Memory Lane

This is an essay I wrote in college some time ago…1997 to be exact… as I pursued my second degree. I ran across it as I packed and sorted things, preparing to move.  I think it’s poignant, even after all these years.  My daughter is a bit older now, and things have changed.  But that feeling still remains, even after all this time. It’s about being there when Kristin, my first granddaughter, was born:

At the Speed of Light

A wormhole is a tear in the space-time continuum through which ordinary people can time-travel.  I didn’t think of this idea; physicists did. Some of the more open-minded of them now say, right out in public, that there are mathematical formulas to support the concept.  The only problem, according to physicists, is that you’d have to be able to move at the speed of light.  Right now, that means all that would be left of us is a grease spot when we got to where we were going.  That could be a problem.  Well, I say you can do it while standing still.  E.B. White knows what I mean; he did it at his summer retreat lake in Maine.  He accompanied his son to a new experience there and thought he was having some profound thoughts about his own mortality.  I think he was, quite simply, a parent who stumbled upon a wormhole.

There’s nothing profound about looking at your children as they grow and seeing the wonder of it all.  There’s nothing profound about seeing their behavior and comparing it to how you behaved or looked at that age.  All parents do it.  It doesn’t mean we want to be that age again, that we miss our youth…at least not all of us.  The less vain of us look back and realize how incredibly ignorant we were in youth; ignorance, in this case, refers to a largely innocent lack of knowledge, not stupidity.  Life is difficult; it is a learning process.  You don’t suddenly become omnipotent just because you’re twenty or even forty.  I’m convinced, actually, that the older you become, the more aware you become of how much you don’t know, because life opens up more and more avenues as you go along.  It is a map-less journey, full of bits of knowledge, some of which you get just by being and by doing.  It’s like driving a car down a long road to a lake house.  The first time you do it you suck at it and you’re a hazard to others on that road, however great you think you are.  More experience makes things easier, less intense, and much safer for everybody; the more you drive, the better you drive.  Nobody really wants to go back to the age of ignorance unless she can guarantee that when she gets there, A) she won’t be a grease spot; and B) she’ll have the benefit of knowledge.  Unfortunately, we can’t always choose when we go back, or how.  Parents go back without warning or forethought, because our children send us there.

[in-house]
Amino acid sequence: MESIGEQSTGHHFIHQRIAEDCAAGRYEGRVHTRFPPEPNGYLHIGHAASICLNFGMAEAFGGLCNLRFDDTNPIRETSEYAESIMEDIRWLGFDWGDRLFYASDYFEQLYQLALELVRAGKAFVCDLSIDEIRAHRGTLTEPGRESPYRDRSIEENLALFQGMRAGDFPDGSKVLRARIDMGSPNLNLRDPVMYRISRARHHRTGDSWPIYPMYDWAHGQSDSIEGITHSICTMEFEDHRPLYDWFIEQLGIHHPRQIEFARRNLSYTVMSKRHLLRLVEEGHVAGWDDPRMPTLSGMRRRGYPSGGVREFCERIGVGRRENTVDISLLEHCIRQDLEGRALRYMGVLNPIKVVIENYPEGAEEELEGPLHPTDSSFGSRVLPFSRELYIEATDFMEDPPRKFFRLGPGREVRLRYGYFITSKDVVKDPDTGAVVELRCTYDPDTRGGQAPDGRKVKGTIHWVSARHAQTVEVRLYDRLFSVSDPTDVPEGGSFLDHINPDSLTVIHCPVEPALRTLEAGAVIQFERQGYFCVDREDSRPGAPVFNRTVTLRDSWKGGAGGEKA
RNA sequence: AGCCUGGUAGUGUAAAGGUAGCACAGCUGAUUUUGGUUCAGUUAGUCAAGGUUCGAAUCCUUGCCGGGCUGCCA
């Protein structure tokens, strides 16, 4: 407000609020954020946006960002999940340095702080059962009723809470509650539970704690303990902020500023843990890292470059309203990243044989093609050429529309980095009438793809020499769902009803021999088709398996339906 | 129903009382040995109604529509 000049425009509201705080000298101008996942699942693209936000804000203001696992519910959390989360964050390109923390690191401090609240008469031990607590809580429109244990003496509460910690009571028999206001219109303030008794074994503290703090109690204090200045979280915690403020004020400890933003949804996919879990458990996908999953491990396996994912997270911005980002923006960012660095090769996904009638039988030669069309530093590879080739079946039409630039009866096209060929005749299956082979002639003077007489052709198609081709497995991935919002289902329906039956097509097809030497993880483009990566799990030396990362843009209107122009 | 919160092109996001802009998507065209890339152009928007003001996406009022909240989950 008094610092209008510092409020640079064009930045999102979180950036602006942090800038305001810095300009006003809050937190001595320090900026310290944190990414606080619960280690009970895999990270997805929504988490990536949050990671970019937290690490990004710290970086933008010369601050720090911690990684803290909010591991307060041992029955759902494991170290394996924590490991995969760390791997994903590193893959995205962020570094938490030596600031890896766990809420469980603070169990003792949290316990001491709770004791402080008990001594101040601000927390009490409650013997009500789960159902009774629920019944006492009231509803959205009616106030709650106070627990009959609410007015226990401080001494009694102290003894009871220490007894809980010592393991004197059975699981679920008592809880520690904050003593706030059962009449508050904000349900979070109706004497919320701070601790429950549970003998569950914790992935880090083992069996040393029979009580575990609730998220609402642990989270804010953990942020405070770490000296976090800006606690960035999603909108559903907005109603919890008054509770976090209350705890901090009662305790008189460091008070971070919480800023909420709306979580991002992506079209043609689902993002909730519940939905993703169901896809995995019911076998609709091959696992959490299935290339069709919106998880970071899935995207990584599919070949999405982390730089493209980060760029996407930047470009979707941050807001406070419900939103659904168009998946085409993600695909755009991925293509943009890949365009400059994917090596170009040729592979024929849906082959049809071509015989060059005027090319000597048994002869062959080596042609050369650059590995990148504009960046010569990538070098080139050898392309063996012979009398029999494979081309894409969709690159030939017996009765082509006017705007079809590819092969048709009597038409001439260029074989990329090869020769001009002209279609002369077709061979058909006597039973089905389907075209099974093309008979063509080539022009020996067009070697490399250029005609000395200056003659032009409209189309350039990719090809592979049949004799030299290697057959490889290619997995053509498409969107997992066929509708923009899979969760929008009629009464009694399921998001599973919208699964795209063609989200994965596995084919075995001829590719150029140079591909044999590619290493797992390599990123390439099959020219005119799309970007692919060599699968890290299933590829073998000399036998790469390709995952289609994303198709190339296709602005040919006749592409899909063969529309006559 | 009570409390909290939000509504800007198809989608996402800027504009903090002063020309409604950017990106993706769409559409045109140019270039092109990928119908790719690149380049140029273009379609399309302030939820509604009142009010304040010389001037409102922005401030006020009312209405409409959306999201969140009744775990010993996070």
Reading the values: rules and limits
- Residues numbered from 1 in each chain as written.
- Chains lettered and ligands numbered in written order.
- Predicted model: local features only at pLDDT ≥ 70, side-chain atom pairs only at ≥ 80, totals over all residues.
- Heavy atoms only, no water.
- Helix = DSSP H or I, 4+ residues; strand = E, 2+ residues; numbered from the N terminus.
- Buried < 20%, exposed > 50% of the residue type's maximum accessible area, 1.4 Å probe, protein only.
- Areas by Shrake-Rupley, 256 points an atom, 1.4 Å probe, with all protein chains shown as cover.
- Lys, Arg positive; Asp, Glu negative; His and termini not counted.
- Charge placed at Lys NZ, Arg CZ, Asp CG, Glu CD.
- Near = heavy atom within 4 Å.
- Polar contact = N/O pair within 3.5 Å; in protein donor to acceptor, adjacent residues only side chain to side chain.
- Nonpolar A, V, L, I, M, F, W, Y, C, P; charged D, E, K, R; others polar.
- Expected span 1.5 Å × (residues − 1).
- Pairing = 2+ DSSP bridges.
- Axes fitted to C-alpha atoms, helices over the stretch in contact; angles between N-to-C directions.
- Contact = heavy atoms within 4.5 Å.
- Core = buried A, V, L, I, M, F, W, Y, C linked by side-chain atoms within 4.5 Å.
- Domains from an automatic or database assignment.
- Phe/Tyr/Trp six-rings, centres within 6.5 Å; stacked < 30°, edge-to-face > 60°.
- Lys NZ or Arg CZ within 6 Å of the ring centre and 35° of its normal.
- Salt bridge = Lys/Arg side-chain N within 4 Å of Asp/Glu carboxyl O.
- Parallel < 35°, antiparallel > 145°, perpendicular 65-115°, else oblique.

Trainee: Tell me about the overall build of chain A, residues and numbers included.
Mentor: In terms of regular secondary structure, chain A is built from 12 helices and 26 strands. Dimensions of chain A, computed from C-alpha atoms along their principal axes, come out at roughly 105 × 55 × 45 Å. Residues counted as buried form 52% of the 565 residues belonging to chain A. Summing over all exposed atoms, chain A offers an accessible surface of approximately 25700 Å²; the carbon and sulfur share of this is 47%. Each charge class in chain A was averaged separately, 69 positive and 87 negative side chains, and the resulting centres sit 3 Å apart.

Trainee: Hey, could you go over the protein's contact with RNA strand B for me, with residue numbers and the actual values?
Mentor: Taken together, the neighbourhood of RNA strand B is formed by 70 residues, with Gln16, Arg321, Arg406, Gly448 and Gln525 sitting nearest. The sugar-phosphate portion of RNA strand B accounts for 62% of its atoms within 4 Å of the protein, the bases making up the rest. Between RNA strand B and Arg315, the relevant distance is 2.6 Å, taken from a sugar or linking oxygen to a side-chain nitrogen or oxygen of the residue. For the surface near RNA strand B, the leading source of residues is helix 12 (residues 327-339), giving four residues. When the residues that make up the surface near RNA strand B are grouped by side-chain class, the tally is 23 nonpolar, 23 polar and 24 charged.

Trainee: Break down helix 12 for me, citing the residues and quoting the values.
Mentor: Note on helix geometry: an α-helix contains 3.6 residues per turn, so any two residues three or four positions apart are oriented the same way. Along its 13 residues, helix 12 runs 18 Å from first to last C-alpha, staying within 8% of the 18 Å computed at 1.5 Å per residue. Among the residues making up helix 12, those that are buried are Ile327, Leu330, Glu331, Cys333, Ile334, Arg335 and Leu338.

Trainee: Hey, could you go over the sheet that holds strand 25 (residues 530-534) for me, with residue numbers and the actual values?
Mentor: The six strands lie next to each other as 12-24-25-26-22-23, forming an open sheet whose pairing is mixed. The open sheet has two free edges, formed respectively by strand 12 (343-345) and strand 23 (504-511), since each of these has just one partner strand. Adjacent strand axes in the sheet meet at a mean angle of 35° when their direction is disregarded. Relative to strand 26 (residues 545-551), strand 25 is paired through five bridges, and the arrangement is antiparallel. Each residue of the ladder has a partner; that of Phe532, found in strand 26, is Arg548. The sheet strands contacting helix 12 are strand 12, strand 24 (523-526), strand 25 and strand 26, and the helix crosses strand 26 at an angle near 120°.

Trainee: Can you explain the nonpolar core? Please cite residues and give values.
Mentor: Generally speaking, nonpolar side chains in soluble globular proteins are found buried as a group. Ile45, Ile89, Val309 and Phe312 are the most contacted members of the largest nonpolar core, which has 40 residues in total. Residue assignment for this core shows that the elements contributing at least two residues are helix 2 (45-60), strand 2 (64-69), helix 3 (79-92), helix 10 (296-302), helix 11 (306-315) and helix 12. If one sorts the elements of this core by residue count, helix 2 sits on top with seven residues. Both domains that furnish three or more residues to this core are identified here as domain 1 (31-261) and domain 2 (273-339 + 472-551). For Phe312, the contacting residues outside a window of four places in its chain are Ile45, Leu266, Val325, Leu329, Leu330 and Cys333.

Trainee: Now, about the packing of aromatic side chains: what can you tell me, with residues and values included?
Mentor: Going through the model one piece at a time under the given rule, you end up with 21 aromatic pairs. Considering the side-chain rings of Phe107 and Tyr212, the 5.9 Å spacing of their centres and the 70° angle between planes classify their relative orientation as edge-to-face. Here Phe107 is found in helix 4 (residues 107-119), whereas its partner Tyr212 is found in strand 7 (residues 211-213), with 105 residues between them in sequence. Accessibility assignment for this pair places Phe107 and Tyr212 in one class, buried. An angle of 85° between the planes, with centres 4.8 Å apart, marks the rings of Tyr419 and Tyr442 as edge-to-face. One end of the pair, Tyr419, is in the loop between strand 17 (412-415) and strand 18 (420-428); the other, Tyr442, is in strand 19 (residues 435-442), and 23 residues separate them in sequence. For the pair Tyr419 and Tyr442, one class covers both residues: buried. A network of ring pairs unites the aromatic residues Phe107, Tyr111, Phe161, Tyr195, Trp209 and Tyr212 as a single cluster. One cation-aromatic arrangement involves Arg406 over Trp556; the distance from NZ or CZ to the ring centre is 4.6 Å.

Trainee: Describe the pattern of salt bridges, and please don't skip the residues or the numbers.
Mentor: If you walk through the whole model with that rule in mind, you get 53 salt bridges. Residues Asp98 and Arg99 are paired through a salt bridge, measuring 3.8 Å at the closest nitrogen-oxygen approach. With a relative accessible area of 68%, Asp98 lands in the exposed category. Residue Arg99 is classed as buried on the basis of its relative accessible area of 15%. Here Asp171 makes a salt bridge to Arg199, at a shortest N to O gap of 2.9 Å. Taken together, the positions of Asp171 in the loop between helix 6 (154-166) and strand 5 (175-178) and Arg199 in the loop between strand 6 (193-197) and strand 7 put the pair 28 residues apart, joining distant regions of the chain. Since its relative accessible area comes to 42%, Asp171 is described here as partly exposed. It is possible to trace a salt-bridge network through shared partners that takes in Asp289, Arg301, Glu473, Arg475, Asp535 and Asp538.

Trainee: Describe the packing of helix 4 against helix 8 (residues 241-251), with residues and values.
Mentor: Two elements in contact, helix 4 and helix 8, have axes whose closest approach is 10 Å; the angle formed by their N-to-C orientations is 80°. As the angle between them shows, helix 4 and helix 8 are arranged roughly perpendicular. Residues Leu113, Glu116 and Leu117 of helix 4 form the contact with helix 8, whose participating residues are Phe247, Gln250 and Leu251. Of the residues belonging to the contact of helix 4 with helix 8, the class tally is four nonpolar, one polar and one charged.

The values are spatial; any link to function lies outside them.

You see, when we have children, new worlds open up for us, whether or not we want them to.  We conceive our children in total ignorance most of the time, I’m convinced.  We don’t have a clue what we’re getting into; we’re just in love and we want to reproduce ourselves.   Call it whatever you want to.  Think about this: would a person actually choose to open a feces filled pouch three times a day and actually interact with its content?  No!  It’s about vanity; it’s about ego.  Oh, but one day, after about nine months, a tiny, complete, helpless human being is born and oh boy do we have our work cut out for us then!  It’s a new world!  We learn what it is like to be totally responsible for the life of another human being.  Now we think about mortality.  Now we realize that the world doesn’t revolve around us.  Will my child be safe?  Will something I do harm her?  What will happen if I die?  Who will care for my child?  We learn what it is like to experience undiminished trust; babies depend on us because that’s all they know.  And we love them and our existence changes forever.  It’s like electrocution: we’ve grabbed hold of something we can’t let go!  Suddenly, with a shock, we have acquired a stinging sense of the continuum in which we exist and of which we are but a tiny, finite entity.  The next age belongs to our children, ant it is our job to get them there.

My daughter was born too early in the morning on October 3, 1972.  It was a time when they offered us moms-to-be plenty of drugs and in fact, encouraged them when there were more pressing issues than the birth of a particular human being.  Late October 2nd and until Karen was born, there were more pressing issues, apparently, because I have only split second recollections of her birth, and those only came back over time, due to the drugs I was given.  At the time of my angel’s birth I was somewhere in la-la land, which at the time was fine with me,since I don’t like pain that much.

Thank goodness I was still under the influence of those drugs the first time I saw my daughter.  They kept me calm amidst absolute terror!  There was the real world, tucked into a little white blanket, blinking at me.  She had the most perfect peaches and cream complexion and the light struck her in such a way as to make her the most beautiful she could possibly have been at that moment.  She had perfectly formed,little blonde eyebrows and perfect little fingernails.  Her eyes were green and she looked at me as if she knew me, knew my voice.  I’m sure she did.  I said hello to my beautiful daughter, drank in the look of her at that moment, and in spite of my debilitated condition and the blissful ignorance of youth, I knew that this moment was extraordinary.